Chromium, an essential mineral that our bodies need in trace amounts, plays an active role in maintaining normal blood sugar and insulin levels. Chromium is the active component of glucose tolerance factor (GTF). The primary function of GTF is to assist insulin. It does this, with the help of chromium, by making it possible for insulin to hold on to the glucose molecules and transport them into the cells where they’re needed for energy.

Chromium can also help prevent or treat other conditions such as acne, obesity, glaucoma, and psoriasis, to name a few.

People with any of the following health problems may have a deficiency of chromium: elevated insulin levels (hyperinsulinemia), high blood sugar, high blood pressure, high levels of bad cholesterol, low levels of good cholesterol, high triglycerides, and insulin resistance. Insulin resistance, a combination of all of these conditions, leads to Syndrome X and can contribute to heart disease and diabetes.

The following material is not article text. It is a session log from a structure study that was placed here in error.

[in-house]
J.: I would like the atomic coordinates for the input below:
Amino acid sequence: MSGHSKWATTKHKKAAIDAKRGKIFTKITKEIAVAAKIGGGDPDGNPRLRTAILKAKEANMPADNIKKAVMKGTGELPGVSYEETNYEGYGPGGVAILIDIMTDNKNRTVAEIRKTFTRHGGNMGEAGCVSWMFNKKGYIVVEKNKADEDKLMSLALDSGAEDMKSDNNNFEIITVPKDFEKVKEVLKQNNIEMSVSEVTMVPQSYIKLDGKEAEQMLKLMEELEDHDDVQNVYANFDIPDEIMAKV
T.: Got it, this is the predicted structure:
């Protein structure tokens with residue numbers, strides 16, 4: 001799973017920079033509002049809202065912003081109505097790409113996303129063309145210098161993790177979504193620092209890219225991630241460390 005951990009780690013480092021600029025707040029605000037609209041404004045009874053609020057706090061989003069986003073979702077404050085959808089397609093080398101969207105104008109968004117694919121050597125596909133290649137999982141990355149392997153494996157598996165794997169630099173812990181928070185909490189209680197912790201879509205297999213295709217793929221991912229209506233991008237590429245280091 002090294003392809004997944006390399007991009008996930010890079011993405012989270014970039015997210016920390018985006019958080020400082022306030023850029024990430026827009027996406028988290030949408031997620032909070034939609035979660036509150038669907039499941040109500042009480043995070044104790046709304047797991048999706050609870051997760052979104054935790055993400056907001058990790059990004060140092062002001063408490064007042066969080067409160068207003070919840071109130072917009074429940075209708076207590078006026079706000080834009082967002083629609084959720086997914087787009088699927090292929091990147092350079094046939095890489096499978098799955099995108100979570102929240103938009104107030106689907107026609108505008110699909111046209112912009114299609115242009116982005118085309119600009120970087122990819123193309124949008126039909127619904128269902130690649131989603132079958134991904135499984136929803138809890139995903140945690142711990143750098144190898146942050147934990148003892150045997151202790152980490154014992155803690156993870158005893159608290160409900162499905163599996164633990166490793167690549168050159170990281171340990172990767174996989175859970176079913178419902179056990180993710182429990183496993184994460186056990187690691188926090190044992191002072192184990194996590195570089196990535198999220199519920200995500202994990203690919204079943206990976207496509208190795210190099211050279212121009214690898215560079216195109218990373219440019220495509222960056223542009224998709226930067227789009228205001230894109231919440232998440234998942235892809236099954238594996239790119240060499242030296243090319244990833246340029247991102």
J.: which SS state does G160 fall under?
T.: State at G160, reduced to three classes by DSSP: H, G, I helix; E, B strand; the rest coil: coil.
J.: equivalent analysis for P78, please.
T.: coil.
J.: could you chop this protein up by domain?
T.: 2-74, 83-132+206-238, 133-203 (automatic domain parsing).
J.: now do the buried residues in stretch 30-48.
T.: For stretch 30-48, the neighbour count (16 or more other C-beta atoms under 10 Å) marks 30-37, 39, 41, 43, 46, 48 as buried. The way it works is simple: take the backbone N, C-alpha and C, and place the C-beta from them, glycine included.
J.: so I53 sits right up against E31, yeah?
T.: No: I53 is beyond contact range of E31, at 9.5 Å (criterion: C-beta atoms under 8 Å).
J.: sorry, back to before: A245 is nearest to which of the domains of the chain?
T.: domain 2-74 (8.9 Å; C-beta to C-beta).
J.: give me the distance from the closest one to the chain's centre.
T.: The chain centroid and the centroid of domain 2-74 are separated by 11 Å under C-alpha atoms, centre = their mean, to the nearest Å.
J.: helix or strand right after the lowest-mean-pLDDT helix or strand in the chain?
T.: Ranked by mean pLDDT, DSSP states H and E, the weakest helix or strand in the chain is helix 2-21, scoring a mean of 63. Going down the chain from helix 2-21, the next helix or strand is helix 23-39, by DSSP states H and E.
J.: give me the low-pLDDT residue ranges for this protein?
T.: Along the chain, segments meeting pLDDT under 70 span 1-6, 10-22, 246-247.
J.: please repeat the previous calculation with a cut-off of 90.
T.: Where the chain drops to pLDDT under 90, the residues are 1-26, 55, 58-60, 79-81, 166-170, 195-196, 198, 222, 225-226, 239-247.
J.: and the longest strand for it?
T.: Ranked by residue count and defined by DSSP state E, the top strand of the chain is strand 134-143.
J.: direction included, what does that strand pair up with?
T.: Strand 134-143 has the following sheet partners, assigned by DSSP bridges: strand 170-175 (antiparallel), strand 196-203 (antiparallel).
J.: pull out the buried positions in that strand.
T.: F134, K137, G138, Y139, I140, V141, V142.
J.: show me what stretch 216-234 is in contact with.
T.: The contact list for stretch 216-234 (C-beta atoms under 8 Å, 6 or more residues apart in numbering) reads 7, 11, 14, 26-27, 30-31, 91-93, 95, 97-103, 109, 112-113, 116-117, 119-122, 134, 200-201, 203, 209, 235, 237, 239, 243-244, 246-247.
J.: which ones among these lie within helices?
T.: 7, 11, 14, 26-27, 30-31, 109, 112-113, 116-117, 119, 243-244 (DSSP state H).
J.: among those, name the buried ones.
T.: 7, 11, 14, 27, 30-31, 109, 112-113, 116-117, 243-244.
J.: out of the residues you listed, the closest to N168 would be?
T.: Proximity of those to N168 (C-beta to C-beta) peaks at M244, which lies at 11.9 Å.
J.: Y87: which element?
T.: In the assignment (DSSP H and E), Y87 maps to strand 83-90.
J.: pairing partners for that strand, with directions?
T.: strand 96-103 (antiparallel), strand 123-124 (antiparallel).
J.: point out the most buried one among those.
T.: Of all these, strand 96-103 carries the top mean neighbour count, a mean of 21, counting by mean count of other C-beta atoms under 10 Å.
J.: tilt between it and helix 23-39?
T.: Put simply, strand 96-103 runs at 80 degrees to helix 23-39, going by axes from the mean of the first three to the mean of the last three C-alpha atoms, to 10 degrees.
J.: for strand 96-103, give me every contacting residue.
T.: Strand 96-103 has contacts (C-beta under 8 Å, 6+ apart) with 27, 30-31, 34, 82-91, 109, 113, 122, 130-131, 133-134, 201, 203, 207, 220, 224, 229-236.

All of these conditions cause your body to increase the excretion of chromium, causing a need for a higher level of chromium than normal. You may also need higher levels of chromium if you suffer a physical injury, trauma, or mental stress. A diet high in simple sugars will also cause the body to lose chromium through urination.

While there are foods that contain concentrated amounts of chromium, including onions, oysters, brewer’s yeast, tomatoes, whole grains, potatoes, and bran cereals, getting adequate chromium in our diet is difficult because manufacturing and processing procedures remove most of the naturally occurring chromium. On the plus side, nutritionally, ascorbic acid (vitamin C) increases the body’s absorption of chromium.

As we age, we naturally need less chromium. For men ages 19 through 50, the adequate intake level is 35 micrograms, dropping to 30 micrograms after 50. Women need 25 micrograms until age 50, but only 20 micrograms after that.

Read the full article here: Chromium